96/24 WAV -> USB -> DB2 balanced      -> PB2 balanced -> LCD-2

96/24 WAV -> USB -> DACPort LX (single-ended) -> PB2 balanced -> LCD-2

96/24 WAV -> USB -> Objective DAC (single-ended) -> PB2 balanced -> LCD-2

 

Given what Ken Ball says, I'm especially curious about comparing the first two chains, above! 

 

Mike

post #738 of 1401

The Triad L3 is only a single-ended output as far as I know, maybe others that know more about the technical side of the amp can chime in.  So I have the Norse Audio cables coming in, with balanced and single-ended connections, I will try and do single-ended comparisons first and then go on with balanced.

 

I am quite interested in the PB-2 though, the voltage and amperage is making me very curious.

post #739 of 1401
Quote:
Originally Posted by Grev View Post

The Triad L3 is only a single-ended output as far as I know, maybe others that know more about the technical side of the amp can chime in.  So I have the Norse Audio cables coming in, with balanced and single-ended connections, I will try and do single-ended comparisons first and then go on with balanced.

I am quite interested in the PB-2 though, the voltage and amperage is making me very curious.

i have the PB2 and right now I only have a pair of T50RP "Mad Dogs" made by MrSpeakers hooked up single-ended to it and while it can drive them to pretty loud listening levels I feel that there isn't any headroom. I know the "swing" comes when balanced but I have nothing to test it with yet. Was thinking about doing a hardwire split on them to iBasso just to see.
post #740 of 1401

Hi kskweri,

 

I realize that you're currently operating the PB2 with single-ended output, but keep in mind that all of these op-amp based headphone amplifiers (single-ended or balanced) offer their highest possible power output (and thus, their best performance) when the supply voltage is at the maximum permitted by the amp's manufacturer.  Not only do they put out higher Watts RMS per channel, a quick look at their datasheets reveals that they all have lower THD and Noise measurements when operated at higher supply voltages.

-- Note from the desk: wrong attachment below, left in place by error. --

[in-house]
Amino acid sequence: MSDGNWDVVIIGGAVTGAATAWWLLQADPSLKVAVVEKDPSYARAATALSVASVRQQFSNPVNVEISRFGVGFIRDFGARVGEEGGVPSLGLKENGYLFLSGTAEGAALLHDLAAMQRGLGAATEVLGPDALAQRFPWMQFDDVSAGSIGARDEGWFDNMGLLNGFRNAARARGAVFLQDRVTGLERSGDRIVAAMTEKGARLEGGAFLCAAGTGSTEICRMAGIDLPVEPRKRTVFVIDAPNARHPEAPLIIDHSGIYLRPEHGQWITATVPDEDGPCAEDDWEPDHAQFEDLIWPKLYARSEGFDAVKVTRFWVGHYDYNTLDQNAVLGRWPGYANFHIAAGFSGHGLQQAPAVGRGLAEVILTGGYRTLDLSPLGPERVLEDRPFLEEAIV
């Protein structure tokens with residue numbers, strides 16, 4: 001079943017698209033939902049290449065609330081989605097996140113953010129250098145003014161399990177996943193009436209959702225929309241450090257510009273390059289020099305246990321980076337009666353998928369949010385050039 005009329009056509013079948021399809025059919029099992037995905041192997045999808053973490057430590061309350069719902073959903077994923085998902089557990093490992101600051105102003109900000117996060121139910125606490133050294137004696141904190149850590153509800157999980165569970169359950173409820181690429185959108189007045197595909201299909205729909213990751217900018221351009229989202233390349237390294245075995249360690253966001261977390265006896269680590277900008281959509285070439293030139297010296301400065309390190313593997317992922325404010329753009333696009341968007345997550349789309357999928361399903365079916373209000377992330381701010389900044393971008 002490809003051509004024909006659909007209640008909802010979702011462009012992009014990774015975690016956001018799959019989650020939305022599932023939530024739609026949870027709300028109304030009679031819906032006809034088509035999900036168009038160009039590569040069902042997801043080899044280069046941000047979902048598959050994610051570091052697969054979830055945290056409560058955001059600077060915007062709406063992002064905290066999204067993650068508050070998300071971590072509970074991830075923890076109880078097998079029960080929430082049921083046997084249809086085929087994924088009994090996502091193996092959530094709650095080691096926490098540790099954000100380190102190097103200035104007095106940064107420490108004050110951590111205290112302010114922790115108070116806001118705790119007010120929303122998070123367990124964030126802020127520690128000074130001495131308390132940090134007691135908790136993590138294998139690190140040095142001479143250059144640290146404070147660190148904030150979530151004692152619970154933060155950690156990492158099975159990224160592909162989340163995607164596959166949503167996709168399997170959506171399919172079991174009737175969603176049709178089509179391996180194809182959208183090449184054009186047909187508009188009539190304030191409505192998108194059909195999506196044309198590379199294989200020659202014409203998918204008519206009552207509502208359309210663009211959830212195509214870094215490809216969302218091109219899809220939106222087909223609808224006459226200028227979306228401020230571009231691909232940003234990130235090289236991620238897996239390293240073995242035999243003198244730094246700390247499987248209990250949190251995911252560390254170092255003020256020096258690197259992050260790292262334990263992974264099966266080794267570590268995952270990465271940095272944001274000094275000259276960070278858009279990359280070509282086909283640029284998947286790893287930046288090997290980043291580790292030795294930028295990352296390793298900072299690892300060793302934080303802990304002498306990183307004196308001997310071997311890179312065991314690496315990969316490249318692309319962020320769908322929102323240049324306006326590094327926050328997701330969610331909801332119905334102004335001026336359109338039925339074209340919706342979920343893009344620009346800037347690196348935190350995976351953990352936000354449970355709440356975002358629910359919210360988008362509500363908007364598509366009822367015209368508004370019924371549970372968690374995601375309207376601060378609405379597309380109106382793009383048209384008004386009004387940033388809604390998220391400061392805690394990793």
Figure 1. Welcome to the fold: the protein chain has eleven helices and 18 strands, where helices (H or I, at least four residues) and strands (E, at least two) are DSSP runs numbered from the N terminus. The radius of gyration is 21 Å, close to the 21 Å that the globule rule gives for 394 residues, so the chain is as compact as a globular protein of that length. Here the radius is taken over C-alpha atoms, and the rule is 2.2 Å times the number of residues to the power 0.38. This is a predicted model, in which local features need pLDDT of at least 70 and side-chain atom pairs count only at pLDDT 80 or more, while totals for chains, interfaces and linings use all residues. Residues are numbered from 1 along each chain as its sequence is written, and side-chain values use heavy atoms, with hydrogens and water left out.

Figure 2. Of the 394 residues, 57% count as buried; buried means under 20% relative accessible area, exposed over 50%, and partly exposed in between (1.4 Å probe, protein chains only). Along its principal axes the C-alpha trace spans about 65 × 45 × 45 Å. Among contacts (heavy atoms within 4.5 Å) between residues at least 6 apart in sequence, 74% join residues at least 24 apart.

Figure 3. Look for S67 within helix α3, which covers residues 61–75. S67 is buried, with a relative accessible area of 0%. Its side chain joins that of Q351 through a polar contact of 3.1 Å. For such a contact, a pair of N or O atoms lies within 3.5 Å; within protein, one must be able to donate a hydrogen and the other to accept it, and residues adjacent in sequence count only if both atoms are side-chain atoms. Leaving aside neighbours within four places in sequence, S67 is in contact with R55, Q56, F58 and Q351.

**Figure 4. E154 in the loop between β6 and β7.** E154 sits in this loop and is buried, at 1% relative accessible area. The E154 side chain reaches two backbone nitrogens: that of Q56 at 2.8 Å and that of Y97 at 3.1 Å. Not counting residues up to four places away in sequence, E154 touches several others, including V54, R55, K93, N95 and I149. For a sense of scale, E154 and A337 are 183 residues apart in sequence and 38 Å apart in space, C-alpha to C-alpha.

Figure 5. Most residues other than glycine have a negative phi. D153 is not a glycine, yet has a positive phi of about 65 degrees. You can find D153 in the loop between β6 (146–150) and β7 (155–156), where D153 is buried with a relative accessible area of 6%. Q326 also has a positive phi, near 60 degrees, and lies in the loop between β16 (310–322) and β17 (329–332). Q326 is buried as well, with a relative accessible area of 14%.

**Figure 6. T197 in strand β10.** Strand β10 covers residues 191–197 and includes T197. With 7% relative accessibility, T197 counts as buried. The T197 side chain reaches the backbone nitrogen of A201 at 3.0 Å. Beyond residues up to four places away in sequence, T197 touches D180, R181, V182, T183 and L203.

For example, the datasheet for OPA1611s documents that they can handle an absolute maximum supply voltage of +- 20V (40V swing), but when used in the Stepdance, Jan Meier mandates that the maximum permissible supply voltage is 15V, not 20V.  When the same OPA1611s (or OPA1612s) are used in the PB2, iBasso says that you can use supply voltages as high as 16V.  The datasheet indicates that THD+N is lowest with a +- 15V supply voltage to the OPA1611.  (That's why I advise people to forget about using the Stepdance' internal 9V battery.)  This is pretty much the case with all op-amps for which I've studied datasheets - you get more Watts with less distortion and noise when operated at or near their absolute maximum supply voltage.